Taking the deposition of Williams or another party that’s really going to be one way to go about it. You want to be able to create that strategy. You can ask the right questions about communications, about sources of ESI and be able to compare that with evidence that’s been produced or that you already have. In this particular instance, as I mentioned, the plaintiffs had hard evidence in the defendant’s statements that were inconsistent with their position that gave the Court the ability to find the evidence that was needed to order the examination.

Question that I have here is why didn’t the defendant’s attorney just agree to do the limited searches themselves and produce that information? Why would you want to get a third party involved? Really, the last thing you want to do is take the ability to know what data exists and put it in a third-party hands instead of having it within your own control. I do have a question as to what that why that would have happened. There’s no no real way for us to know. We can always make up suppositions about whether counsel really knew or understood that they could do that kind of forensic examination.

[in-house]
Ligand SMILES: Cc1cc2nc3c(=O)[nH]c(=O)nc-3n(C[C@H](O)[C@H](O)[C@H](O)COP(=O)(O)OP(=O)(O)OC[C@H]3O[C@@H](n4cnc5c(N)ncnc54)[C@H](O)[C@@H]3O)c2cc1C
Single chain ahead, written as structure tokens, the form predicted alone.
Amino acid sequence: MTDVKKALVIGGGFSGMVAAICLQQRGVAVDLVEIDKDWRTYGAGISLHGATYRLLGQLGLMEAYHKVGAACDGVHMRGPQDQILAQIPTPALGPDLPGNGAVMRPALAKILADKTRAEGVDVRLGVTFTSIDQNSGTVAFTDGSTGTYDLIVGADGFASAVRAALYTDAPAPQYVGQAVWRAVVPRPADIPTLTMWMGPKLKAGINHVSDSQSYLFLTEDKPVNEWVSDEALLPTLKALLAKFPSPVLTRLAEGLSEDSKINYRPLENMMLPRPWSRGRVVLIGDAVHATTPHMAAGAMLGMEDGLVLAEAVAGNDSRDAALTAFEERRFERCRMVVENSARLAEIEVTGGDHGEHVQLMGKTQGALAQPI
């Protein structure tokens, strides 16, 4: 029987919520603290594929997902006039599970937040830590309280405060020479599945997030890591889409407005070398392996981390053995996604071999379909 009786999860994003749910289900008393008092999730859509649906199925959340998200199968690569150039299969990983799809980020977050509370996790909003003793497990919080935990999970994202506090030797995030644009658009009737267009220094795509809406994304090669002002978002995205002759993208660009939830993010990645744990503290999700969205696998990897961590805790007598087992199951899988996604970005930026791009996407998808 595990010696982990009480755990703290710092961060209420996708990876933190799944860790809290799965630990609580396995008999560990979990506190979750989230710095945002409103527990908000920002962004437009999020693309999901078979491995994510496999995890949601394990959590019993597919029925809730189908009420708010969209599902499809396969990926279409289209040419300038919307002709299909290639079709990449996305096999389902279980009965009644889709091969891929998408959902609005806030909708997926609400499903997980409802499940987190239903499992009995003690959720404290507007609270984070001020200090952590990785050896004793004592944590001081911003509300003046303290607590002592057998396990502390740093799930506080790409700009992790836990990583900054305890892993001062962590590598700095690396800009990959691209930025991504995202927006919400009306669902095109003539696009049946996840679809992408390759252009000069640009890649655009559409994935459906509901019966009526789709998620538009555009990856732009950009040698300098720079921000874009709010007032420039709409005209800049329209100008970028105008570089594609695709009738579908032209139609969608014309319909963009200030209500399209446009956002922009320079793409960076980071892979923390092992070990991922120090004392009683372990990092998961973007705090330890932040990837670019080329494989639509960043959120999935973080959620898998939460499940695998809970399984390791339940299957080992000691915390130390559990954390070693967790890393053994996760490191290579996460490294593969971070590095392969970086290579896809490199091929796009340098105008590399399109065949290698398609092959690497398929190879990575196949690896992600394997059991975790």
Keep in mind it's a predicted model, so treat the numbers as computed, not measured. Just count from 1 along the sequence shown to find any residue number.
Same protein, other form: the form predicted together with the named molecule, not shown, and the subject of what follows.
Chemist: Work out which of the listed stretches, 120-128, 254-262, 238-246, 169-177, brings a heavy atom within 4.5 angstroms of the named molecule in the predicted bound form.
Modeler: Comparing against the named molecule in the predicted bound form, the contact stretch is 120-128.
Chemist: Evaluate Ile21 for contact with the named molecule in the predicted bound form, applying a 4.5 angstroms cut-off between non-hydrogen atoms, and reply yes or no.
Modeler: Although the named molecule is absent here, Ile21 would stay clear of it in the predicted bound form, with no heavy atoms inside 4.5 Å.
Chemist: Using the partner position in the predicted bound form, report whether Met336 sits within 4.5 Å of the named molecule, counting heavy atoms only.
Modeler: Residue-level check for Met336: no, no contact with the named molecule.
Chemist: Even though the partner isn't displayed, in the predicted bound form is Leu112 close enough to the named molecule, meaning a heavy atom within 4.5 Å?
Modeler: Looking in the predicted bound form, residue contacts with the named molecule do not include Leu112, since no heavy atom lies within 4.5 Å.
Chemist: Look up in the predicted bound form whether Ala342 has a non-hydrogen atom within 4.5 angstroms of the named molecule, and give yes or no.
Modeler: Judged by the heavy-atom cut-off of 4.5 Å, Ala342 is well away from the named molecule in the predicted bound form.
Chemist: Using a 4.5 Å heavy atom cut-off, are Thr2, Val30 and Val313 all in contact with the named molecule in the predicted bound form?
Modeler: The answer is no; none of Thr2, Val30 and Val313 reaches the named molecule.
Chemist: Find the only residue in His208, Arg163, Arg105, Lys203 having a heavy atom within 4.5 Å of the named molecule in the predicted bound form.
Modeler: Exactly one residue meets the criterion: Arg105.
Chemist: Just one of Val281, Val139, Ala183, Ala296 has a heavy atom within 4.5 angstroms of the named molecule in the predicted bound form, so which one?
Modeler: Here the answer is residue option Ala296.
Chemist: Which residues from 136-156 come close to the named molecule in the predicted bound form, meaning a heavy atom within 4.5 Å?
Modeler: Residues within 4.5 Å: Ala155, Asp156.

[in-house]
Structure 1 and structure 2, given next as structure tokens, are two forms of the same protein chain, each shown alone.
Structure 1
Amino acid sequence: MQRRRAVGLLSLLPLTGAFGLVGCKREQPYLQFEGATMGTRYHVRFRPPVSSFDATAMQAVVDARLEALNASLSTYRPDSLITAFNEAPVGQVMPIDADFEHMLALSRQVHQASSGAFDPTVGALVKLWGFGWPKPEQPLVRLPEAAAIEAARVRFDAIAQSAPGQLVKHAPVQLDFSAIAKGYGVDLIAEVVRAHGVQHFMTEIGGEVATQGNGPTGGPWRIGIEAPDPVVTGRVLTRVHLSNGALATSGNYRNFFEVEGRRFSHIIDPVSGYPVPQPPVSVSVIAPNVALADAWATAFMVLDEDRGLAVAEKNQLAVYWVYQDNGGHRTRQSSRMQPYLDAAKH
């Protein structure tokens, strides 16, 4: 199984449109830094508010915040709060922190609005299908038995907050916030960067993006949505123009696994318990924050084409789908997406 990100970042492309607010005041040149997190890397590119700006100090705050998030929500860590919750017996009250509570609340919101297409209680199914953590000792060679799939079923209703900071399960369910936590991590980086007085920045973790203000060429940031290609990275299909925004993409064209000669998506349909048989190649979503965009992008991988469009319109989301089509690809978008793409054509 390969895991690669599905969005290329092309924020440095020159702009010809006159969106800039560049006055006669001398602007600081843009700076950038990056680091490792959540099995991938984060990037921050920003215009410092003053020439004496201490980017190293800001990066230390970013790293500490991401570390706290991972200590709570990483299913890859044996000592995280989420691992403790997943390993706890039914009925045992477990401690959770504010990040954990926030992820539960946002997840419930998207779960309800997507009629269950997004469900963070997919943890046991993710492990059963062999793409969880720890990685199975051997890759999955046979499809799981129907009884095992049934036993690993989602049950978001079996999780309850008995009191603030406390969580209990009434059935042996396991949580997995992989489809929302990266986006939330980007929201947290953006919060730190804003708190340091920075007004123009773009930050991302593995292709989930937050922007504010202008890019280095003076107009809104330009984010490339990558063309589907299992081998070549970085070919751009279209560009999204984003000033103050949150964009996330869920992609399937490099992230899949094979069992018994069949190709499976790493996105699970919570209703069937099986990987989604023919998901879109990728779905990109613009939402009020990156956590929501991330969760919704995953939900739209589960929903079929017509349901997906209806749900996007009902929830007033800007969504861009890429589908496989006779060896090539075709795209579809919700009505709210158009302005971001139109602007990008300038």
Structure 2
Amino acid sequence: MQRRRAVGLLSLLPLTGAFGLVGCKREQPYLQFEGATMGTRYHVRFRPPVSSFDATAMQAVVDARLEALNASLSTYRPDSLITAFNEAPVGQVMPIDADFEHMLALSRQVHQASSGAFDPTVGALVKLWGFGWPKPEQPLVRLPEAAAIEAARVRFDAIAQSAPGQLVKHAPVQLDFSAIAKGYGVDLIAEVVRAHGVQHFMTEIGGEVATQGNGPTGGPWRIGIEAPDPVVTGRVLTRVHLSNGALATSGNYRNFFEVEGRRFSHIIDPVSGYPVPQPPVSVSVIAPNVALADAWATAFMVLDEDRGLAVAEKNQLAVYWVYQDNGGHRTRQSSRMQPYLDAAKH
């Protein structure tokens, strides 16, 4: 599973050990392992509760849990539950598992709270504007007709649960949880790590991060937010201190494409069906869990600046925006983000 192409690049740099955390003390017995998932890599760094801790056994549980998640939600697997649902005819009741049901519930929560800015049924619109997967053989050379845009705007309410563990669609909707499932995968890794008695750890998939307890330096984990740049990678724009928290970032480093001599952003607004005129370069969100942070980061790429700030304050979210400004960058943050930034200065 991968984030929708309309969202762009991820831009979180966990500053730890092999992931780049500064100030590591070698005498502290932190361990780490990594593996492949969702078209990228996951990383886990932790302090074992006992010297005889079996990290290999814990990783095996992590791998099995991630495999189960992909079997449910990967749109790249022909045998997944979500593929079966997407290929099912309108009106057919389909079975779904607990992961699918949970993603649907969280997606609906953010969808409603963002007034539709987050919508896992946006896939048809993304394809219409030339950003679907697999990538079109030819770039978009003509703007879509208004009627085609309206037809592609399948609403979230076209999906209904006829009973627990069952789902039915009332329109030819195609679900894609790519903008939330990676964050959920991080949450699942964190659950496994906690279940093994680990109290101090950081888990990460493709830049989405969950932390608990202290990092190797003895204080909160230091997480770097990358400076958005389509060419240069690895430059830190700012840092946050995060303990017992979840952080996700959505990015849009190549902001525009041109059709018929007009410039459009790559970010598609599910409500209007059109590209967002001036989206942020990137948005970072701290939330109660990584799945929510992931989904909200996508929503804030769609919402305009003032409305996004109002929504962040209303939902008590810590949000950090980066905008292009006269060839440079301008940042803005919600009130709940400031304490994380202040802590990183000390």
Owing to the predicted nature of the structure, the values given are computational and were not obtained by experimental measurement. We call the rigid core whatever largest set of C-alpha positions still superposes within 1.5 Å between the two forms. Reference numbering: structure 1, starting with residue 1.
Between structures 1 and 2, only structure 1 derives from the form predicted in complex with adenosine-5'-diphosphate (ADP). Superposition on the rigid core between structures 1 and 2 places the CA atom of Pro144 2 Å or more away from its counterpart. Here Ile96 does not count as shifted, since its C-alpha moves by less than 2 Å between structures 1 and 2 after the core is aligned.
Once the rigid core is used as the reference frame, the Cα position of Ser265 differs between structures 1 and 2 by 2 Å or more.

It really is incumbent upon you is counsel to take that action to understand what kind of information exists and how you can manage and control it for your client. It could be that that information having that done through a forensic examination of their own doing by defendants instead of by the process ordered by the court, would have allowed them to evaluate and and use that information, whether it’s in form of settlement, if it’s bad, or whether it’s just to know that, hey, there’s nothing really here.

You’ve got to know and be able to manage that information effectively for your client. It’s so critical, and it’s a key part of the discovery process.